October 23, 2018 / 1:48 PM / 2 months ago

TREASURIES-Bond prices gain as tumbling stocks prompt safety buying

* Benchmark yields lowest since Oct 3

* Treasury to sell $38 bln two-year notes

By Karen Brettell

NEW YORK, Oct 23 (Reuters) - Benchmark U.S. Treasury prices rose on Tuesday, sending yields to their lowest levels in almost three weeks as tumbling equity markets worldwide fed investor demand for low-risk debt.

China’s main stock indexes resumed a downward spiral a day after the blue-chip index posted its biggest gains in nearly three years, as investors remained pessimistic about economic prospects and risks posed by shares pledged for loans.

“Markets are getting a little bit nervous about China in general and that’s weighing on equities” said Gennadiy Goldberg, an interest rate strategist at TD Securities in New York. “Rate markets are starting to notice that there’s a little bit of uncertainty, so you do have a bit of a flight to safety.”

U.S. stocks were also weighed down as disappointing earnings from industrial bellwethers Caterpillar and 3M piled on to concerns over Saudi Arabia’s diplomatic isolation, Italy’s finances and trade war fears.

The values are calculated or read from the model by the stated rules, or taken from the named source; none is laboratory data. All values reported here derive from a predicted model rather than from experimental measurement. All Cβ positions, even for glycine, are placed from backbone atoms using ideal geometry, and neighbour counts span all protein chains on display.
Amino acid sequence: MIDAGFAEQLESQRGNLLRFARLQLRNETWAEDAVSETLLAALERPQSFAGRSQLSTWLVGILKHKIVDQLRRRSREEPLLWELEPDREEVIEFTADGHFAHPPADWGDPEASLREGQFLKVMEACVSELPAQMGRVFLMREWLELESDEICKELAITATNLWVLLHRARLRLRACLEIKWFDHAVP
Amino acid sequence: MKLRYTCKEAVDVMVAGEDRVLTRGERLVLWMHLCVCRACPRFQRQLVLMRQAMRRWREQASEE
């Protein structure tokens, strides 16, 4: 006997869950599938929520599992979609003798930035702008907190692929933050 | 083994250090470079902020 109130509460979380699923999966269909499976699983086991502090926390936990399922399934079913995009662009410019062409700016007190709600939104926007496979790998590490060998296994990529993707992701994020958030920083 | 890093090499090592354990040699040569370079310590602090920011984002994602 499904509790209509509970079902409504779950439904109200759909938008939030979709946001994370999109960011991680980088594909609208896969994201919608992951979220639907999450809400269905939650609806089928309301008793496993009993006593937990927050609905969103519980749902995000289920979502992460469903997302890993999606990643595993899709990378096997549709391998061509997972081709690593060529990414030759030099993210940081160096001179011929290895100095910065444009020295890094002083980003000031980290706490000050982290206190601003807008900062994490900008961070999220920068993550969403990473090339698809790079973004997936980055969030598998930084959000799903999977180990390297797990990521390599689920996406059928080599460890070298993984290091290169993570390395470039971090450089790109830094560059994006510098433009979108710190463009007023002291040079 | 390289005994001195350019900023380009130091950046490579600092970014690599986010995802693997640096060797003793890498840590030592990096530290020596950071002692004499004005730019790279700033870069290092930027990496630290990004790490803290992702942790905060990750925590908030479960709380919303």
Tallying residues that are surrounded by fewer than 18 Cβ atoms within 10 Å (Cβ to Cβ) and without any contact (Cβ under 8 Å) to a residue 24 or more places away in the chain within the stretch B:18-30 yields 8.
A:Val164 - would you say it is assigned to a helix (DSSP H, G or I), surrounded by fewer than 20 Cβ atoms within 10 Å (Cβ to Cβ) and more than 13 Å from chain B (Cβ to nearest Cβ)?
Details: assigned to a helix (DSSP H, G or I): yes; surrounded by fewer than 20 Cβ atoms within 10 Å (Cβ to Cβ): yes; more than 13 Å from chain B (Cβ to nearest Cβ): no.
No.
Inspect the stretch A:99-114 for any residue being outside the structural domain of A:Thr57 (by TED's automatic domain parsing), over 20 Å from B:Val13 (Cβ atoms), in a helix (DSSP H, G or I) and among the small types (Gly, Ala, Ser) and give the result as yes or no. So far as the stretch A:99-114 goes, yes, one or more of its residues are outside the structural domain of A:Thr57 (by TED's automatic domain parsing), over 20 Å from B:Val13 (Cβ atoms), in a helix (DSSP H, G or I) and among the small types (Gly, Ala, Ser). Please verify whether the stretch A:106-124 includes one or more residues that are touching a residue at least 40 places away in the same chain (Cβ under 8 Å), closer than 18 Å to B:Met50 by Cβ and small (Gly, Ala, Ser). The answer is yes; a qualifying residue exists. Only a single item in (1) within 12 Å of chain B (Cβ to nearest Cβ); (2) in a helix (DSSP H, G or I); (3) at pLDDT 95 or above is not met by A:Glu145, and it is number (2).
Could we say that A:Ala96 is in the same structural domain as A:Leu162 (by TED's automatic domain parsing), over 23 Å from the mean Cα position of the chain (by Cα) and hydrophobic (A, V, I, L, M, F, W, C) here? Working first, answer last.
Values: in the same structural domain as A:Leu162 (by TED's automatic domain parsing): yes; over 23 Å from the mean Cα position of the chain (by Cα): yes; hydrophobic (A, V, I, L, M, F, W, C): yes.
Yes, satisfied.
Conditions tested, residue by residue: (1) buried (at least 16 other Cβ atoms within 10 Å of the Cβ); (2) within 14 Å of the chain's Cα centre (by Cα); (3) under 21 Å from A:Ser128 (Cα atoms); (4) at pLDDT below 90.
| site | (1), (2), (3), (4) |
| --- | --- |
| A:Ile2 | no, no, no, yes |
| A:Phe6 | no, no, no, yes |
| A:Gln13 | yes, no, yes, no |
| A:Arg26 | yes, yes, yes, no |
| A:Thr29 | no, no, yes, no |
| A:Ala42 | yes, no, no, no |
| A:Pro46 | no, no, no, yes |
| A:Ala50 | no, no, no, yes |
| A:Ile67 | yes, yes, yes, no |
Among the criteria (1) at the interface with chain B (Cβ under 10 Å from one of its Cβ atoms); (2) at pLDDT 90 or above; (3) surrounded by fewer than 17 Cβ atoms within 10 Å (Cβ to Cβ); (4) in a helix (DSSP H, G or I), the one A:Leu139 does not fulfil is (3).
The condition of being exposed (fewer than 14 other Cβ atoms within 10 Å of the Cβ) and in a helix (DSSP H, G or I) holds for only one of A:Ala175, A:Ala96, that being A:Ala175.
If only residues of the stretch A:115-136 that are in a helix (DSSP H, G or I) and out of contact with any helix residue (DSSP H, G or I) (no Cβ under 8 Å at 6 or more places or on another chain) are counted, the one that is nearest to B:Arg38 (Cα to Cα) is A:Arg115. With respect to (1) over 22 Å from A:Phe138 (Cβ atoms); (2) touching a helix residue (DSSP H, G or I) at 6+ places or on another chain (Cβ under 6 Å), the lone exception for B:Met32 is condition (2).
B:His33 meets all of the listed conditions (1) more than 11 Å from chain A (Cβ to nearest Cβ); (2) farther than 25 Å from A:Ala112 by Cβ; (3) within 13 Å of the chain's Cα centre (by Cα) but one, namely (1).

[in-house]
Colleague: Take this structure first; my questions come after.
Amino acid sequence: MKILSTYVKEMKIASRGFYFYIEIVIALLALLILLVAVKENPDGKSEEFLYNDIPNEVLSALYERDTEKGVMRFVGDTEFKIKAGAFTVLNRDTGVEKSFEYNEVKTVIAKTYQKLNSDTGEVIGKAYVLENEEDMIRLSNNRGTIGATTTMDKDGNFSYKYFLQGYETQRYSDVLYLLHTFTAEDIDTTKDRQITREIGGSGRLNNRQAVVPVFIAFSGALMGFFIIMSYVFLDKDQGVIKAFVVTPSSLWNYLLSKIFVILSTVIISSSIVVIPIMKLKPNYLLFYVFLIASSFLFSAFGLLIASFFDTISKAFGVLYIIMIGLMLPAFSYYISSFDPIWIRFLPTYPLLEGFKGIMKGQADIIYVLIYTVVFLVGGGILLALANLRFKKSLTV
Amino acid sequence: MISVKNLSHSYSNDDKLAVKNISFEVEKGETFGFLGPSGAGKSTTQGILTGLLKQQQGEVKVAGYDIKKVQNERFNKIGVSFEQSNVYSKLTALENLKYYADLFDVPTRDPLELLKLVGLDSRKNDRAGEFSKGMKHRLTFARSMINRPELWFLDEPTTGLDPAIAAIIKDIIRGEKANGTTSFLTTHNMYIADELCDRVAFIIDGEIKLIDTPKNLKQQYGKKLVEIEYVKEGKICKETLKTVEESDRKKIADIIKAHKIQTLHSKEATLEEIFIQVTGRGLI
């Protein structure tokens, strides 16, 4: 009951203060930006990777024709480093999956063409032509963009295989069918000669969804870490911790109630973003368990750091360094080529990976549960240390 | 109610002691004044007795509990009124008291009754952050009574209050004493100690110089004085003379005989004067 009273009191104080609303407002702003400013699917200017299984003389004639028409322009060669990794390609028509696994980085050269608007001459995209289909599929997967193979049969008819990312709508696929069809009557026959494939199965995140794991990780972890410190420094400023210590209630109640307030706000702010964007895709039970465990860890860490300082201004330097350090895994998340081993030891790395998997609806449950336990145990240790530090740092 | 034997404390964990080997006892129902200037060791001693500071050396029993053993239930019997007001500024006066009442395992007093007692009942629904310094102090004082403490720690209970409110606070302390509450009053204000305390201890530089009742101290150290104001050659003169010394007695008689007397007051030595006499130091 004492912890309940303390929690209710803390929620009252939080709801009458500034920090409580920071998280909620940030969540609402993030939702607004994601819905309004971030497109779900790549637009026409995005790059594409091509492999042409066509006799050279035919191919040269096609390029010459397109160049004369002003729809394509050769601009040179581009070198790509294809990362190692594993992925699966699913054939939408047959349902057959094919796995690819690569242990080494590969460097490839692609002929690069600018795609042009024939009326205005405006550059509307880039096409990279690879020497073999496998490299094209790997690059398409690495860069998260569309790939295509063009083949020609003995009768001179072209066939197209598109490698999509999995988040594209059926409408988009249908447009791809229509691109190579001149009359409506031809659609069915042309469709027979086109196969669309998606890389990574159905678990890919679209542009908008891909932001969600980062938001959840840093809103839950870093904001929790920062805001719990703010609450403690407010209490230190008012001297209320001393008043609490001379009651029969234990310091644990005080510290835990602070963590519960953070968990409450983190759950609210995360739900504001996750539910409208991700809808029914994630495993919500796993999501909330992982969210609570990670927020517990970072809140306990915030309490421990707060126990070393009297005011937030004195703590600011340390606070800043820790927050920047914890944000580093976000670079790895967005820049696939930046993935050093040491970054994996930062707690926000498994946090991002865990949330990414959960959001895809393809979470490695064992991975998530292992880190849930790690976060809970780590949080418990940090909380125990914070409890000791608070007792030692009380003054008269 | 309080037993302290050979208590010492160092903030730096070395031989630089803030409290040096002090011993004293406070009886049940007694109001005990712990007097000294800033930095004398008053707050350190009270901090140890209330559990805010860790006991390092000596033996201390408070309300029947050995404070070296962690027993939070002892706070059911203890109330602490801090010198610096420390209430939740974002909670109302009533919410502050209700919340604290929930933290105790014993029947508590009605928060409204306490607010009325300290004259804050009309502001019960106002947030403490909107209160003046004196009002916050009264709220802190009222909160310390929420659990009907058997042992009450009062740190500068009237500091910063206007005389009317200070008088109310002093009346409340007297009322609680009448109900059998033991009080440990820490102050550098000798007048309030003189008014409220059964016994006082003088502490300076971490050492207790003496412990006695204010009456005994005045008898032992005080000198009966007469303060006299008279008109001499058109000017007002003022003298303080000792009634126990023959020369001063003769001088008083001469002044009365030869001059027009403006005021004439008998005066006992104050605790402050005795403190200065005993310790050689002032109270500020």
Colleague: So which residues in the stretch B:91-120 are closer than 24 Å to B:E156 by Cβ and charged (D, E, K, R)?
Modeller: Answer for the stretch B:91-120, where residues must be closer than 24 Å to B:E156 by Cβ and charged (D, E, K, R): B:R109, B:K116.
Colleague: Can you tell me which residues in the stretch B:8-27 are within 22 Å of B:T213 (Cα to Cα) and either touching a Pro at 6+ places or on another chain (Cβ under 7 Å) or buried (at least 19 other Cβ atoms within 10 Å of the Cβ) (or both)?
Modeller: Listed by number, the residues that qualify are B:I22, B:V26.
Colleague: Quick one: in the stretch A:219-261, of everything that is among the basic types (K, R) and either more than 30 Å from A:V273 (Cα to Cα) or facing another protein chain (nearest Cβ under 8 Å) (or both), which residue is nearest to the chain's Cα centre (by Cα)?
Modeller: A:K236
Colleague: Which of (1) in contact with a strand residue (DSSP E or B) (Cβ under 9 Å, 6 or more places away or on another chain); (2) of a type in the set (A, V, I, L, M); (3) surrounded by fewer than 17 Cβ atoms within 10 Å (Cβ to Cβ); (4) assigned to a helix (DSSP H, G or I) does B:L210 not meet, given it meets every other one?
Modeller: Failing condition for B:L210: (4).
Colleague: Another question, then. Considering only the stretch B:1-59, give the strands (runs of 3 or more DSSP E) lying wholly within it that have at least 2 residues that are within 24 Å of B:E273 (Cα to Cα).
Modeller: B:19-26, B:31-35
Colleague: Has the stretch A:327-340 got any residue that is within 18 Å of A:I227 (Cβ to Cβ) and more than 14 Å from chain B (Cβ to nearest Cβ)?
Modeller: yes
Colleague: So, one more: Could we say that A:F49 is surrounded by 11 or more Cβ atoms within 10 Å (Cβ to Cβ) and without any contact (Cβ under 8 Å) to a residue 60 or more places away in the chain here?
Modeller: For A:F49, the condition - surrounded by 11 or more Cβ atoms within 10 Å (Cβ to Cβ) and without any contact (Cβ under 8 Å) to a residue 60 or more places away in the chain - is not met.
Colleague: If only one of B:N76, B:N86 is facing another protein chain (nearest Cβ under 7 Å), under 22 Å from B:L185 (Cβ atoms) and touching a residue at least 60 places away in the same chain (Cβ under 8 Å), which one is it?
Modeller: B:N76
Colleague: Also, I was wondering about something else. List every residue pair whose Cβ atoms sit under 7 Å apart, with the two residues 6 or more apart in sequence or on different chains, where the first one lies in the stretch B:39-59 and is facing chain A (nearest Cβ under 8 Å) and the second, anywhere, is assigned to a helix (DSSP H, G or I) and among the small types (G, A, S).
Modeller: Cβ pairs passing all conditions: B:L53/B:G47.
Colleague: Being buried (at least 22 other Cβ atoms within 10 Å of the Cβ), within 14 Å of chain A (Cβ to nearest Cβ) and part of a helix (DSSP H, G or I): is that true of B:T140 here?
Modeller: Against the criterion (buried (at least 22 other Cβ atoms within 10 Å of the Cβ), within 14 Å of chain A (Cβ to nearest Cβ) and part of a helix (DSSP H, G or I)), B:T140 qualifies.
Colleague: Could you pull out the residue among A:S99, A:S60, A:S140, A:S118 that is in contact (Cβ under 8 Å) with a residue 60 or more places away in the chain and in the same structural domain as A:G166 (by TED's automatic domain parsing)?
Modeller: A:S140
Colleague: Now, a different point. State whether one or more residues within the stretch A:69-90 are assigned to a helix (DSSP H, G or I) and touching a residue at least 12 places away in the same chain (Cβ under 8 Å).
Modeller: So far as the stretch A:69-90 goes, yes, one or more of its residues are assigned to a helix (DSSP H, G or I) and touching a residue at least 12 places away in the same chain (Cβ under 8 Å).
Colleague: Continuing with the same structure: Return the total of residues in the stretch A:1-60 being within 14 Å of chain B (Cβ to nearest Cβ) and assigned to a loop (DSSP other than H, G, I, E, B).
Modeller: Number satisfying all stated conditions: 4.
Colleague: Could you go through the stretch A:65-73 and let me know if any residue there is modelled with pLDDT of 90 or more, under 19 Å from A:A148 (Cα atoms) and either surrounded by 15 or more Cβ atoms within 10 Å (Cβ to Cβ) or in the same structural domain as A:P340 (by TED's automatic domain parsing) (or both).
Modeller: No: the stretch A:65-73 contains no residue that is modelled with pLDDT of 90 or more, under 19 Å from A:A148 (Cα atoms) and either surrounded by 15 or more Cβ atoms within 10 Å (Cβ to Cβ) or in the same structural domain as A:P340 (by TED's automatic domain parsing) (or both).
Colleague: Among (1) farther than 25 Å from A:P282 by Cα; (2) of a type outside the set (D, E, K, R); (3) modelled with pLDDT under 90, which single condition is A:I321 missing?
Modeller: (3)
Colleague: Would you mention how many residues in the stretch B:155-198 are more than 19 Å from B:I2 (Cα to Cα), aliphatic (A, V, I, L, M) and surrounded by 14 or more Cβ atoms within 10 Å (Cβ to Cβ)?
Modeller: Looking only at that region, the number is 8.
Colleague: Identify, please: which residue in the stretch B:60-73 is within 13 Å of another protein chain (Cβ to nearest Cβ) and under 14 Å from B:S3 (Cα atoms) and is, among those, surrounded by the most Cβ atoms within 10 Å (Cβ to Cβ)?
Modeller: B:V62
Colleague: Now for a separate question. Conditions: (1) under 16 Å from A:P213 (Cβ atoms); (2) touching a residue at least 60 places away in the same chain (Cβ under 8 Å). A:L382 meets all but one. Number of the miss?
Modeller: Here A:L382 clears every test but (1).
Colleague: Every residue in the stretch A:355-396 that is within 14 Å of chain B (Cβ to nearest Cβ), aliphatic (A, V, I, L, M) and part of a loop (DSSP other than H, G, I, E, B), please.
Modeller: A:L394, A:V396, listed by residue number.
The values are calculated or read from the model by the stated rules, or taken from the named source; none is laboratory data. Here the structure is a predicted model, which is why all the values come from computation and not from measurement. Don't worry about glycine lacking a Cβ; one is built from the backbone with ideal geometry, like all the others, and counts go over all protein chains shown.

Benchmark 10-year notes gained 18/32 in price to yield 3.128 percent, the lowest yield since Oct. 3 and down from 3.194 percent on Monday. The yield curve between two-year and 10-year notes flattened to 25 basis points, also the lowest level since Oct. 3.

The Treasury Department will sell $38 billion in two-year notes on Tuesday, the first sale of $108 billion in coupon-bearing supply this week.

The auction will be watched for any indications of soft demand, after foreign accounts including central banks reduced purchases of two-year notes at last month’s auction. Wall Street dealers have had to absorb a greater share of the U.S. government’s rising debt supply in the last month.

The Treasury will also sell $39 billion in five-year notes on Wednesday and $31 billion in seven-year notes on Thursday.

Tuesday’s safety buying overcame concerns about rising inflation and more hawkish Federal Reserve policy, with the U.S. central bank expected to continue hiking interest rates.

Fed speakers on Tuesday include Atlanta Fed President Raphael Bostic, Dallas Fed President Robert Kaplan and Chicago Fed President Charles Evans.

This week’s economic focus is Friday’s reading of gross domestic product for the third quarter. (Editing by David Gregorio) )

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